Grear of the EPA presented research on how ocean acidification may negatively impact quahogs in the bay. Grear started by noting that in coastal areas like the Bay, respiration of organisms like algae and bacteria that decompose them can raise carbon dioxide levels, and with them water acidity. He presented laboratory experiments that sought to replicate the acidity conditions of the bay. These found that acidification similar to that of the bay “very clearly” negatively affects the early life stage survival of quahogs. This occurs through a weakening of the clams’ shell density or “integrity.”
Grear said that acidity level has fluctuated less over time since 2005, which is “consistent with the possibility that the reduced nutrient load to the bay is dampening the seasonal fluctuation of CO2 and pH.” Grear concluded by saying that he “can’t really say he has an answer” for whether ocean acidification is affecting abundance of quahogs in the bay, but reiterated that in a laboratory setting acidification clearly negatively impacts the quahogs.
Grear was careful, though, to acknowledge that the conditions in the lab do not perfectly replicate those in the bay, advising that different results may have been found if the clams had been fed different quality plankton in the lab.
Mark Johnson was less than satisfied. Johnson has been a quahogger for 50 years, starting when his father “made the mistake of letting me have a boat.” At the age of ten, he began shellfishing making about $20 a day.
“When you’re ten years old, you couldn’t get a job anyway!” he said.
By its peak in the 1980s, Johnson said, there were more than 2,000 shellfishermen working on the bay, harvesting millions of pounds of quahog each year. But for reasons being investigated by the commission, the harvest dropped to 900,000 pounds in 2012, and has plummeted to less than 400,000 pounds in 2022, according to EcoRINews.
Today there are “only thirty or forty full-time guys left,” Johnson said. Johnson ended the meeting with an impassioned speech on behalf of shellfishermen, asserting that “they (DEM) always say that they listen to the fishermen, but that doesn’t happen.”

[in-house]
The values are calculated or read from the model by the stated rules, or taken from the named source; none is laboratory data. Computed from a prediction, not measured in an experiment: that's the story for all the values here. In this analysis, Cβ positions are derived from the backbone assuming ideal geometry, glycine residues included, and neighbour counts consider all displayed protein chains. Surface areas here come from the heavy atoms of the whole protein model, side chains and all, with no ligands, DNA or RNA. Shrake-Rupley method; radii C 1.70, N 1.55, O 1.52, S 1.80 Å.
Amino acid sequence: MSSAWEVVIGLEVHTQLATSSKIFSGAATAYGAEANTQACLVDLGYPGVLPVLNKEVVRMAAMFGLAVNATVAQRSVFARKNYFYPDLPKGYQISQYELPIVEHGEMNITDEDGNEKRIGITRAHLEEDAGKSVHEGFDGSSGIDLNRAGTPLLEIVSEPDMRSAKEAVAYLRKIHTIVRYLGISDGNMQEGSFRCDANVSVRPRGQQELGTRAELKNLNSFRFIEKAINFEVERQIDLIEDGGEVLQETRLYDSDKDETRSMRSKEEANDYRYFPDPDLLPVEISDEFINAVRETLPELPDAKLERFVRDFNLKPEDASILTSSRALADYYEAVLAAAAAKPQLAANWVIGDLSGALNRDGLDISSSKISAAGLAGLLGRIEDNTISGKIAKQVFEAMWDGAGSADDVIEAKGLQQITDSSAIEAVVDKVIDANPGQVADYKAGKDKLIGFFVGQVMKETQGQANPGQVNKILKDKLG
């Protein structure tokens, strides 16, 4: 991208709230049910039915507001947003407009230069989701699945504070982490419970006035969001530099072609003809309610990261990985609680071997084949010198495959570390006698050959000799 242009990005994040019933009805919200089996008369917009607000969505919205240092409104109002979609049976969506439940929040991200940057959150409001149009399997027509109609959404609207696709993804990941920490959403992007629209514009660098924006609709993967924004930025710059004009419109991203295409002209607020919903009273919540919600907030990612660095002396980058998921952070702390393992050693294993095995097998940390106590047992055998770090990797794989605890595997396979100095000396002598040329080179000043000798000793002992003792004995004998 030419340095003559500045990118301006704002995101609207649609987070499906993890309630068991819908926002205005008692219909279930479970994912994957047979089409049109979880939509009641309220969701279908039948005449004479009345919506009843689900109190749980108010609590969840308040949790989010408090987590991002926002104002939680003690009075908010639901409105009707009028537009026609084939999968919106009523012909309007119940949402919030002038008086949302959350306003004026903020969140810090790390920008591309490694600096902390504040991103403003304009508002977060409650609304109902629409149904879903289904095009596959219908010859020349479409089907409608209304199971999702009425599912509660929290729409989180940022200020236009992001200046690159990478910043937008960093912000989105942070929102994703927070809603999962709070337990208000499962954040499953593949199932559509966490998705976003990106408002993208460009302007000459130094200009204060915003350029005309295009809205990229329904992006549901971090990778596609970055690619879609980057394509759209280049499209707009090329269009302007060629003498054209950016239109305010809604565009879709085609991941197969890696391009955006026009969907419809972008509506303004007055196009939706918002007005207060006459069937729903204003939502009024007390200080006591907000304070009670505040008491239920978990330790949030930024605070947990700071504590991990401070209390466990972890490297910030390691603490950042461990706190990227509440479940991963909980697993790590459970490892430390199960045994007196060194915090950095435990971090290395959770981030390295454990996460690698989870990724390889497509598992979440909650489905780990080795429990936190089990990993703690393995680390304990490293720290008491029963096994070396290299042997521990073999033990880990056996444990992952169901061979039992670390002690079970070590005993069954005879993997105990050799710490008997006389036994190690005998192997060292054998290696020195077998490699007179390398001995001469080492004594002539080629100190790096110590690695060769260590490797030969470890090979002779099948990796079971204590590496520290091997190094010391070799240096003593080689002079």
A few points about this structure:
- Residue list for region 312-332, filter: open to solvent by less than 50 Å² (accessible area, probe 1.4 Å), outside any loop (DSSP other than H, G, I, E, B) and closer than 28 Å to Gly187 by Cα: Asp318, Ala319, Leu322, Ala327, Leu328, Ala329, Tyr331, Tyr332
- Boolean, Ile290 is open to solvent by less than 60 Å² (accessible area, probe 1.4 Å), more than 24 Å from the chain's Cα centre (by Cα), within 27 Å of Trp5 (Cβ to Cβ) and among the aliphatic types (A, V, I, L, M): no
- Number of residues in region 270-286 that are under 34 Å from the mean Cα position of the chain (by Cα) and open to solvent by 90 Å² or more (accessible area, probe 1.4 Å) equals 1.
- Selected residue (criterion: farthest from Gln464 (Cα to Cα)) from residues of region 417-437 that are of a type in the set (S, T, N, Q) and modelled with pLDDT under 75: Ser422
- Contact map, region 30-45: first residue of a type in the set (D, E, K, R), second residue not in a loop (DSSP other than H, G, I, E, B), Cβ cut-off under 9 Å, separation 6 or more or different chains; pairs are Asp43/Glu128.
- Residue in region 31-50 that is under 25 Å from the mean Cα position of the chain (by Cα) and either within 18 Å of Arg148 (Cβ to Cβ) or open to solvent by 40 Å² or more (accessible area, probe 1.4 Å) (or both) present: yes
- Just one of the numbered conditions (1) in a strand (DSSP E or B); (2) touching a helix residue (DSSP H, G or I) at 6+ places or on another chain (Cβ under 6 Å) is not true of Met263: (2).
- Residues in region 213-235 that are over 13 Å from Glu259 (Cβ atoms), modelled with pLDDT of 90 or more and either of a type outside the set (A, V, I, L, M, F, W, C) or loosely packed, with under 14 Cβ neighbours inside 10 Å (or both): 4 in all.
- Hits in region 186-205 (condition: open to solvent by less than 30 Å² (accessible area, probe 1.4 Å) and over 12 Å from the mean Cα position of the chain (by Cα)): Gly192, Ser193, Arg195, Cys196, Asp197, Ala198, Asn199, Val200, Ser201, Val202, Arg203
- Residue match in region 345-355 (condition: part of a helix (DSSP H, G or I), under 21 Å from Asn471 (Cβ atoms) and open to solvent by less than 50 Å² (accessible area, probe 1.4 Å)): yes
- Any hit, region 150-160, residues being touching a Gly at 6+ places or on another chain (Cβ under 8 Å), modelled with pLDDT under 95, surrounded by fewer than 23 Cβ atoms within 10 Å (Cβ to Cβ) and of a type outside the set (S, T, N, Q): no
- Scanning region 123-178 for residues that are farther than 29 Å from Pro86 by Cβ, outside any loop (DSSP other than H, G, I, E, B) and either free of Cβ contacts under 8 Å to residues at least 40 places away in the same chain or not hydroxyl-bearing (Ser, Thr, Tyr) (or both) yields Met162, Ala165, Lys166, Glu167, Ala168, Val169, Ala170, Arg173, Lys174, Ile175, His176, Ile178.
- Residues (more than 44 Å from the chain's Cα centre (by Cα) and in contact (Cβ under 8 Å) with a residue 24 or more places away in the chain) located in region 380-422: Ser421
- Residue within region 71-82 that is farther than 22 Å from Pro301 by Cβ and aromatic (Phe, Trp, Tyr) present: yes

Johnson claimed state government is not performing its duty to protect and maintain natural and cultural resources such as fisheries. He also alleged that DEM “has a history of making promises and not following through,” such as a unfulfilled 2017 commitment to invest in shellfish seed production infrastructure, and never creating a shellfish hatchery, despite this being recommended in the 2014 RI Shellfish Management Plan, which the DEM was involved in creating. In general, he claimed, DEM has not adequately balanced the productivity of the fishing industry and its ecological priorities. Johnson made a plea for the commission to listen to fishermen, not just scientists.
“We’ve heard a lot about your modeling and digital stuff. How many digital quahogs do I have to dig a day to make a day’s pay?” Johnson said the day-in, day-out knowledge of shellfishermen is too often ignored in favor of scientists that are not as intimately familiar with the quahogs and the bay and thus “don’t ask the right questions” in their research.
The commission is scheduled to meet again on February 27th.
Editor’s note: Recent Brown University graduates, Benjamin Balint-Kurki is exploring a possible career in journalism and Steinfeld is focused on photo journalism